Market Cap Vs Enterprise Value

Both are helpful in evaluating a company’s financial health, but they provide different perspectives on the business’s value. Understanding the difference between Market Cap and Enterprise Value will help you make educated purchasing decisions that are in line with your investment goals.

Market Cap, or market capitalization is the value of a company’s outstanding shares listed on the stock exchange. It does not consider the company’s debt, therefore it may give a false sense of a firm’s overall worth. Enterprise Value is, on the other hand is a way to add the company’s debt to equity, and subtracts its cash to give a more complete picture of a company’s value.

Addition of a firm’s debt gives you an idea of the financial obligations it has to settle over time. It also gives you a better idea of the company’s ability to invest and pay dividends. Similarly, subtracting a company’s cash reserves gives you an idea of its liquidity, which is the amount of cash in its reserves.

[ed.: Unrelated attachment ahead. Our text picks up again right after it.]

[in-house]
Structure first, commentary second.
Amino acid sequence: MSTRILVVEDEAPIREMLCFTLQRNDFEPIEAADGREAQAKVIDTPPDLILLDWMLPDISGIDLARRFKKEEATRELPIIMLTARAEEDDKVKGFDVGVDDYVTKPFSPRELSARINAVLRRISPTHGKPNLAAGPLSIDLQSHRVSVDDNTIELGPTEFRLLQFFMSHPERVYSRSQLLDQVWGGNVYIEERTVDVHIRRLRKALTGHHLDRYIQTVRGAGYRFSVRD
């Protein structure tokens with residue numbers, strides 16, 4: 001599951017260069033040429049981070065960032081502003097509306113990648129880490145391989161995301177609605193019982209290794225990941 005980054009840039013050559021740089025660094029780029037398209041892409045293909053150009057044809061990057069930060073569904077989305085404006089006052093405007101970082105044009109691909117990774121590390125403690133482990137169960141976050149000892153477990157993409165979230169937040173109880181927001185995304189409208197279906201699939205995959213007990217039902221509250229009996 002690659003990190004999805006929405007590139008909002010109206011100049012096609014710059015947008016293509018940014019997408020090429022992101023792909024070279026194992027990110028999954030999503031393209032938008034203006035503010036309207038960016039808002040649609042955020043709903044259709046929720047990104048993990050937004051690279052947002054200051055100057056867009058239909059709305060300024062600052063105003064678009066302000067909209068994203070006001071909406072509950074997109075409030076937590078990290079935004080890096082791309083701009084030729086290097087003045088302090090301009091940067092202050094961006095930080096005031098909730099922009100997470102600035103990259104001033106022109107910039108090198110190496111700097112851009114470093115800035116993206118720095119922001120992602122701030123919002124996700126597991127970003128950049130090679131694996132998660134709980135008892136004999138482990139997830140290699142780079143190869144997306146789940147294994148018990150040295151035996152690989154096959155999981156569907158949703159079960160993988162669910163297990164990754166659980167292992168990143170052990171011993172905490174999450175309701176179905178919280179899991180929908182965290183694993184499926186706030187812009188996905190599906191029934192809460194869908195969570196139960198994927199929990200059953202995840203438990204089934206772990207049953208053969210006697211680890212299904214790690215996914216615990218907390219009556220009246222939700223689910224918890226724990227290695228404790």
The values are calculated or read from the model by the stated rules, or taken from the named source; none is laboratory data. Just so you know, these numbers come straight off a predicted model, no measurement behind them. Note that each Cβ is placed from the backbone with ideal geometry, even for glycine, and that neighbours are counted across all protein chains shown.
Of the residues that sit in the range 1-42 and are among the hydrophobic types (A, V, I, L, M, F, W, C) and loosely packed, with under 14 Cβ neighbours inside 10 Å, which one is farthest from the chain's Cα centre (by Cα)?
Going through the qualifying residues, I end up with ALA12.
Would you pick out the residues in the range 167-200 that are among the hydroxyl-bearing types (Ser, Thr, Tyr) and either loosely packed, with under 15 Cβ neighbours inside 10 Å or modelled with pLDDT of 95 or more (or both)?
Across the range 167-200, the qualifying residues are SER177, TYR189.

The EV/Market Cap ratio can be a quick and easy way to evaluate potential investments. However, it does not replace due diligence or financial modeling. In addition, the EV to Market Cap ratio is not an appropriate measure of a firm’s value in comparison to its peers, because it does not take into account differences in each firm’s unique capital structures and risk profiles.